Exercising the cingulate cortex is only the start. The Brown University study is a new entry in an increasingly fertile field of science about how we can alter the brain’s responses to try and rewire, shift, and disable implicit biases, preventing racist responses and creating a more racially harmonious world. Glass-half-full thinking? Maybe, but as we’ll see, the science behind it is solid, if complex.
A study in 2015 showed that implicit bias, both racial and sexual, can be targeted in another way: through sleep training. Participants were given “counter-bias training,” where faces were shown with non-stereotypical words beside them (black faces, for instance, had positive words like “sunshine”) while certain distinctive sounds played. When those sounds were played again, at an unobtrusive volume, during the participants’ afternoon naps, they showed that the effects stuck: they associated the positive words with the pictures more readily. This sort of approach is gaining increasing popularity; the Washington Post reported in August that the Justice Department is attempting to instal implicit bias training across multiple levels in response to evidence of racial prejudice in the nation’s police force (though some people are a bit skeptical about whether it will work).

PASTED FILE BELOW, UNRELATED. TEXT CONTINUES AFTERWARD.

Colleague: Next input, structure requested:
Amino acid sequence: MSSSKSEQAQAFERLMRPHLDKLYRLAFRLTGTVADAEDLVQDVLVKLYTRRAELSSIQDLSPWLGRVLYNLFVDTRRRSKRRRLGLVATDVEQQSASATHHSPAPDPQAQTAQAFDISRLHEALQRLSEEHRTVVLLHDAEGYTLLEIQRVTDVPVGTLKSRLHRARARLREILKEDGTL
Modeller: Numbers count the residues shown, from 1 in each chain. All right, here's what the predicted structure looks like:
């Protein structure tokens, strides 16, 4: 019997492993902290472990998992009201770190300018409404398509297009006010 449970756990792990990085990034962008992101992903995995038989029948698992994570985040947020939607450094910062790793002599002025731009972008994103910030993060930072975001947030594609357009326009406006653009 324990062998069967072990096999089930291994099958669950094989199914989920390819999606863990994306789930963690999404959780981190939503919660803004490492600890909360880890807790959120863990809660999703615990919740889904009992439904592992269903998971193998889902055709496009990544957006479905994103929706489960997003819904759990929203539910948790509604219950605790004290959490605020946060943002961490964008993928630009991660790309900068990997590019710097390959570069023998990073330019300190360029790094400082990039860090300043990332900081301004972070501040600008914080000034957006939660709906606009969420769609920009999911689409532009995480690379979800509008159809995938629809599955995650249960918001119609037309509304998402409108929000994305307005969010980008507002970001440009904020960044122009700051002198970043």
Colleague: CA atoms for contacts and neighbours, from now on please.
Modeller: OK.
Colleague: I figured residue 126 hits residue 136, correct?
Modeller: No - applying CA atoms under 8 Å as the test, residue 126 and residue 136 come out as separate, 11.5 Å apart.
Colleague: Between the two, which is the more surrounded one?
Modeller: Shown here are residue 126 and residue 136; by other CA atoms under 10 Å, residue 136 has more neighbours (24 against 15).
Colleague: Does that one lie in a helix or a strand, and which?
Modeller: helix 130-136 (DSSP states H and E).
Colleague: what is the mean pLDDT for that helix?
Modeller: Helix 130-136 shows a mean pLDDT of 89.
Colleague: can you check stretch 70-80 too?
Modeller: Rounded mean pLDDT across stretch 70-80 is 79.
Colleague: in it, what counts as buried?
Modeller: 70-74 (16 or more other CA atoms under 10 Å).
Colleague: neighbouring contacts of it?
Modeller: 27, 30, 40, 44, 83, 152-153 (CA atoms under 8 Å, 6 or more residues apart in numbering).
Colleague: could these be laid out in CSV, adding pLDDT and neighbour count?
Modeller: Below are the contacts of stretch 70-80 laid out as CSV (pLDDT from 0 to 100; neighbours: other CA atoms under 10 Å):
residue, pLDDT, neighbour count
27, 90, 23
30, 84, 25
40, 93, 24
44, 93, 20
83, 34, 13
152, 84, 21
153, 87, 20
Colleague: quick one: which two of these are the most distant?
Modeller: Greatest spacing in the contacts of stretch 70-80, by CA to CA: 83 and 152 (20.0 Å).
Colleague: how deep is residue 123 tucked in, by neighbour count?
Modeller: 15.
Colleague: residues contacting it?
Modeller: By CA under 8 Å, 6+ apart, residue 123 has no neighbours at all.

There are other methods, but they haven’t necessarily met with great success. One much-hyped idea was to artificially increase empathy,making people sympathize with those of other races through stories or movies; but The Atlantic reported in July that researchers had found these measures didn’t have great success, with one notable exception. If white participants were read stories in which they were being attacked by a vicious white person and saved by a valiant, heroic black person, their implicit bias scores plummeted; but without the vicious white villain, the story had little to no effect.